I will post updates if I do transfer some things to ebay later on.
Also, all p&ps are now for registered mail, as it’s the only way I can guarantee full refund if something gets lost in the mail. Which I’ve read has happened a lot especially with USPS lately… I really want to make people feel safe they will get what they ordered
Here’s a few examples, ´-20% discount with coupon HEYMAY
18th century dress historical clothing and corsets on etsy
18th century gown ‘pet-en l’air” a.ka short french robe by merineiti
Should have made a dress up guide years ago, but glad others have beat me to it 🙂 Here’s is a couple of great youtube dressing ups by cazonetta, and some other links to help you on how to actually put on the 18th century dresses, and which is the right order to put on all those layers:
1740-1770 – the court style, with a lots of petticoats 🙂
The late 18th century, with slimmer figure – see how she is pinning the jacket shut. People new to 18thcentury/ colonial may at first think it’s a weird way of closing your garments, and often makes their first gowns with hooks and eyes and even with velcro or hidden zippers, but personally I’ve found pinning with quality sewing pins to be the best! You might poke yourself the first times, but soon learn the best way to do it and also how many and in which places to pin yourself into your clothes.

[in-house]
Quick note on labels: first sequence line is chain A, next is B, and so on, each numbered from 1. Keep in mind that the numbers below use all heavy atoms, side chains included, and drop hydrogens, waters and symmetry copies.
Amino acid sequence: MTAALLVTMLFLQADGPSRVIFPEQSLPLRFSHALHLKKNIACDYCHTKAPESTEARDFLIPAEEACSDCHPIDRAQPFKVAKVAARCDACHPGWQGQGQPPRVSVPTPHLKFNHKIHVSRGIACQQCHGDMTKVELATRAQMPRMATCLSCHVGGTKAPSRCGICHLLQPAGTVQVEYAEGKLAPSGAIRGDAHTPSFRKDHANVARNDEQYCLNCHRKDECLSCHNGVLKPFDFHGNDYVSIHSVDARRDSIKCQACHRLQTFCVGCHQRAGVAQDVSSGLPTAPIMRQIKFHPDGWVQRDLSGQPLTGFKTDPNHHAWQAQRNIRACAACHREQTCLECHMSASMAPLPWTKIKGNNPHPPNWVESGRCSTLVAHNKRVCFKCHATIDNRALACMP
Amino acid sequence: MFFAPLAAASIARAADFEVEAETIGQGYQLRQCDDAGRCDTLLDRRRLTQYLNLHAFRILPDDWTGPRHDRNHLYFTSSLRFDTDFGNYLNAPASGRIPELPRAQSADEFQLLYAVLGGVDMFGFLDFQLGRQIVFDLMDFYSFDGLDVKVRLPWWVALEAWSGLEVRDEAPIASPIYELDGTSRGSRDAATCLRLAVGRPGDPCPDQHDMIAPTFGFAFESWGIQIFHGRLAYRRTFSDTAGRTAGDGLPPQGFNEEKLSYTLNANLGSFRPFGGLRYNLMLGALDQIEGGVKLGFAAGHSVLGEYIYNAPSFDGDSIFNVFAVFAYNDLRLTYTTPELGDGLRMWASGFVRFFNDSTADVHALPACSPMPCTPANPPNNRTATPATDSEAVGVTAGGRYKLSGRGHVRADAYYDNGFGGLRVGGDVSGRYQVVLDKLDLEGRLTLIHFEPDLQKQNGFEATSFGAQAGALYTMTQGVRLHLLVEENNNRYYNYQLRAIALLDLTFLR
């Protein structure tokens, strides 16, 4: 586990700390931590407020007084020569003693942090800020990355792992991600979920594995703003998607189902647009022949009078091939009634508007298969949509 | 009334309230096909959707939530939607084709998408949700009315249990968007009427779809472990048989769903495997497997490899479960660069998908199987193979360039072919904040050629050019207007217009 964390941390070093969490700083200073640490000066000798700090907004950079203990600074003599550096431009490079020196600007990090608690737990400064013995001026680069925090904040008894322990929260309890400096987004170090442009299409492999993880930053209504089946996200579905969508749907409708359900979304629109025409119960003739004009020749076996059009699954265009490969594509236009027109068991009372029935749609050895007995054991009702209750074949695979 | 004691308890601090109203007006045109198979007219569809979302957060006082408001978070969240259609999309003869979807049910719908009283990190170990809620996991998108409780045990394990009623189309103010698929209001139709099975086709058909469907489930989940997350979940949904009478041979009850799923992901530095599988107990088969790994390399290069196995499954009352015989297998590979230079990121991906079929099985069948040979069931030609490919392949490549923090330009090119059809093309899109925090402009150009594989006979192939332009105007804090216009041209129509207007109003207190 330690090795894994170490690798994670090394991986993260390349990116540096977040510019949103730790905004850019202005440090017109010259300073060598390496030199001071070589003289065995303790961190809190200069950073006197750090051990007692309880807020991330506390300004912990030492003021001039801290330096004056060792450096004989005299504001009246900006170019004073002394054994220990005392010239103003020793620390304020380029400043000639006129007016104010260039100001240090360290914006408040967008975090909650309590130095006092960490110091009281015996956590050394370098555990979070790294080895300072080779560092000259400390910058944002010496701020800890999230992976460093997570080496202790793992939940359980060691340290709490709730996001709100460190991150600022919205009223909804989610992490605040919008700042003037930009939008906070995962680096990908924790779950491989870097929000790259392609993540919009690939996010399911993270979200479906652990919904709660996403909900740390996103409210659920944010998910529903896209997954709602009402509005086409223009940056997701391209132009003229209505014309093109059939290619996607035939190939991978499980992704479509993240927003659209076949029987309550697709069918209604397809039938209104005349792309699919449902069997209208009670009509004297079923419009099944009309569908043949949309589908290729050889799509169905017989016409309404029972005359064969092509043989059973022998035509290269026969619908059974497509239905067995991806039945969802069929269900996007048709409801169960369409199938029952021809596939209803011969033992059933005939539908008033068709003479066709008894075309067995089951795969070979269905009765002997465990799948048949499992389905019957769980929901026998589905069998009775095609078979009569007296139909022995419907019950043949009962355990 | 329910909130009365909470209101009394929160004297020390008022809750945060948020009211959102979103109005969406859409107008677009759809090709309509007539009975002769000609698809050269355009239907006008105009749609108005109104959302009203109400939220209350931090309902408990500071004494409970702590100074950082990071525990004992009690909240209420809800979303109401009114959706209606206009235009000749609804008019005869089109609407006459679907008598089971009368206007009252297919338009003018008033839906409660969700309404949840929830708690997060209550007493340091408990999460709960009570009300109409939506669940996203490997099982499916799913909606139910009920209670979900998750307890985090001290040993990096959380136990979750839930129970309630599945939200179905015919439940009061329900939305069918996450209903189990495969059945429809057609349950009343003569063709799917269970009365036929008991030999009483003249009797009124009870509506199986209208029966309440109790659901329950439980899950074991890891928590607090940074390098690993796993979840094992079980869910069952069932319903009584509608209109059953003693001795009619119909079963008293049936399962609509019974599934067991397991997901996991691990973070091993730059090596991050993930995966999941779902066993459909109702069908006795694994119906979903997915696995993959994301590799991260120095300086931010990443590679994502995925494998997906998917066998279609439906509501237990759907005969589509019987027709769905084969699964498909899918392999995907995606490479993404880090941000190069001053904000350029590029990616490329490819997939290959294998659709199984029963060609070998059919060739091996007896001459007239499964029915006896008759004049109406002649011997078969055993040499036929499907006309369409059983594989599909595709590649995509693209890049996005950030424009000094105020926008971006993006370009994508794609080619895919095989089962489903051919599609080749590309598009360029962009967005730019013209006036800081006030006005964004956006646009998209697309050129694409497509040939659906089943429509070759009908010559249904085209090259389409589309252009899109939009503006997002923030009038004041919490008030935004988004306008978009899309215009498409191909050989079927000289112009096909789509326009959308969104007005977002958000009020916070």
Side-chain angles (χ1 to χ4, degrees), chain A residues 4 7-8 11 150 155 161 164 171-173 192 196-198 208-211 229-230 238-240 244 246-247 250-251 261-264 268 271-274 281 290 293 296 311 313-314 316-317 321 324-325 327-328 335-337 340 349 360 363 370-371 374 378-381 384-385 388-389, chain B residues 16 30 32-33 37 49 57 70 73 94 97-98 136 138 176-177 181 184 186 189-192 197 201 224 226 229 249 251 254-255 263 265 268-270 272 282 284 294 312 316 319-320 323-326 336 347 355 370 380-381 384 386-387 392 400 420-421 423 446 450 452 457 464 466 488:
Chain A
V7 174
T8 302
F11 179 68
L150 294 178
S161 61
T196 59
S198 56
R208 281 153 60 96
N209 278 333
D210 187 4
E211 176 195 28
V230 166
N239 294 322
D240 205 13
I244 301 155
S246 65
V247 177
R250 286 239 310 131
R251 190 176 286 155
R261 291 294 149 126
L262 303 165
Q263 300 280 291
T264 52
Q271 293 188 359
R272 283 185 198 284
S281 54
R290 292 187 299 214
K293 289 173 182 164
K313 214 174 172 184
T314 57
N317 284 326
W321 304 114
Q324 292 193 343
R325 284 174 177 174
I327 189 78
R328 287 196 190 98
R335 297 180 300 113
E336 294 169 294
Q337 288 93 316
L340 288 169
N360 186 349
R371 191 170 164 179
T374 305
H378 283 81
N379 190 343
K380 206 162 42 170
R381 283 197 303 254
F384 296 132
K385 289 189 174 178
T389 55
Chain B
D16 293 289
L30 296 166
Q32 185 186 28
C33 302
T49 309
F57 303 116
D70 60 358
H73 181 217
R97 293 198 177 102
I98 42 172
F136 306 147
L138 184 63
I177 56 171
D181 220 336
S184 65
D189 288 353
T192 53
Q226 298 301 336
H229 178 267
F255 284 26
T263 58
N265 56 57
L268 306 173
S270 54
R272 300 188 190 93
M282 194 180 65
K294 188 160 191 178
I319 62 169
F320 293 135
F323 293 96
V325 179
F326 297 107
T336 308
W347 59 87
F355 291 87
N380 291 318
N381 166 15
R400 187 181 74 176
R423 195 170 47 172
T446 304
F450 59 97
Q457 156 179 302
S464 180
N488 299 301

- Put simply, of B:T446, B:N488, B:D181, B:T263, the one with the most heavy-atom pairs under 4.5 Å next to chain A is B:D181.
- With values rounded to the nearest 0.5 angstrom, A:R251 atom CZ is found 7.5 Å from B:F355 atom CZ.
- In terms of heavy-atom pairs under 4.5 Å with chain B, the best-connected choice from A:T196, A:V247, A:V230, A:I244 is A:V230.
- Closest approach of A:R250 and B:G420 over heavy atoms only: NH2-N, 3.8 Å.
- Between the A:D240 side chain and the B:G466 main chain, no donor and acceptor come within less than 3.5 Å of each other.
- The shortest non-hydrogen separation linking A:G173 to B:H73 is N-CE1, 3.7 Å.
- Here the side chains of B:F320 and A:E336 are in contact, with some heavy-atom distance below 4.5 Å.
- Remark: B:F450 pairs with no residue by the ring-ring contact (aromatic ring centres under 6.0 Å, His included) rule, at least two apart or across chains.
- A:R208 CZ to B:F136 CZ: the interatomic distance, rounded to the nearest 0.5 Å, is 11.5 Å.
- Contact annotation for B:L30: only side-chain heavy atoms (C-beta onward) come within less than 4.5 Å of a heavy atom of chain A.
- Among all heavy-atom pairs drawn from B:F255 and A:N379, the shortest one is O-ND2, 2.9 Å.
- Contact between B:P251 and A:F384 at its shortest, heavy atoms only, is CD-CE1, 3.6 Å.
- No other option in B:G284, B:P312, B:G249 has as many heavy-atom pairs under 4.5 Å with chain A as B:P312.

I’d like to add more custom made 18th century styles to etsy shop.
BUT I need to make a sample dress to have awesome photoshoot with, to showcase that yes, I can make the style and how it will look with or without corsets etc. These are all styles I have experience with, can be patterned with measurements,
and can be made within various price range, historical accuracy, materials, trims and colors.
French style / pannier dress:
18th century dress French style, Marie Antoinette. Should this be offered as custom made rococo dress?
English style printed cotton dress:
18th century dress, english style Should I offer this style as made to order dress?
Colonial style woolen jacket and dress:
Would you like custom made colonial wool jacket dress (long sleeves, maybe even a simple 18th century riding habit in style)
The dress in far right.
I have made men’s outfit similar to what these gents wear, but I feel as there already exist suppliers like Jas.Townsend that have more experience and fair prices, I’m happy to leave men’s wear for now but can always make exception for Finnish / European customers that may not wish to order over seas.
So what do you think? Which style should be made available first?
Take the poll to vote for your favorite style!
Best case scenario, I will have it up for sale just in time for upcoming Halloween.
Something else? The only Regency spencer jacket I’ve made sold quite quickly (and I’ve made an empire ball gown the customer loved), so I’m considering empire clothing, but again, there already exist suppliers so I feel I need more practice to be able to offer superior quality because living in one of the most expensive countries in the world I cannot compete with prices.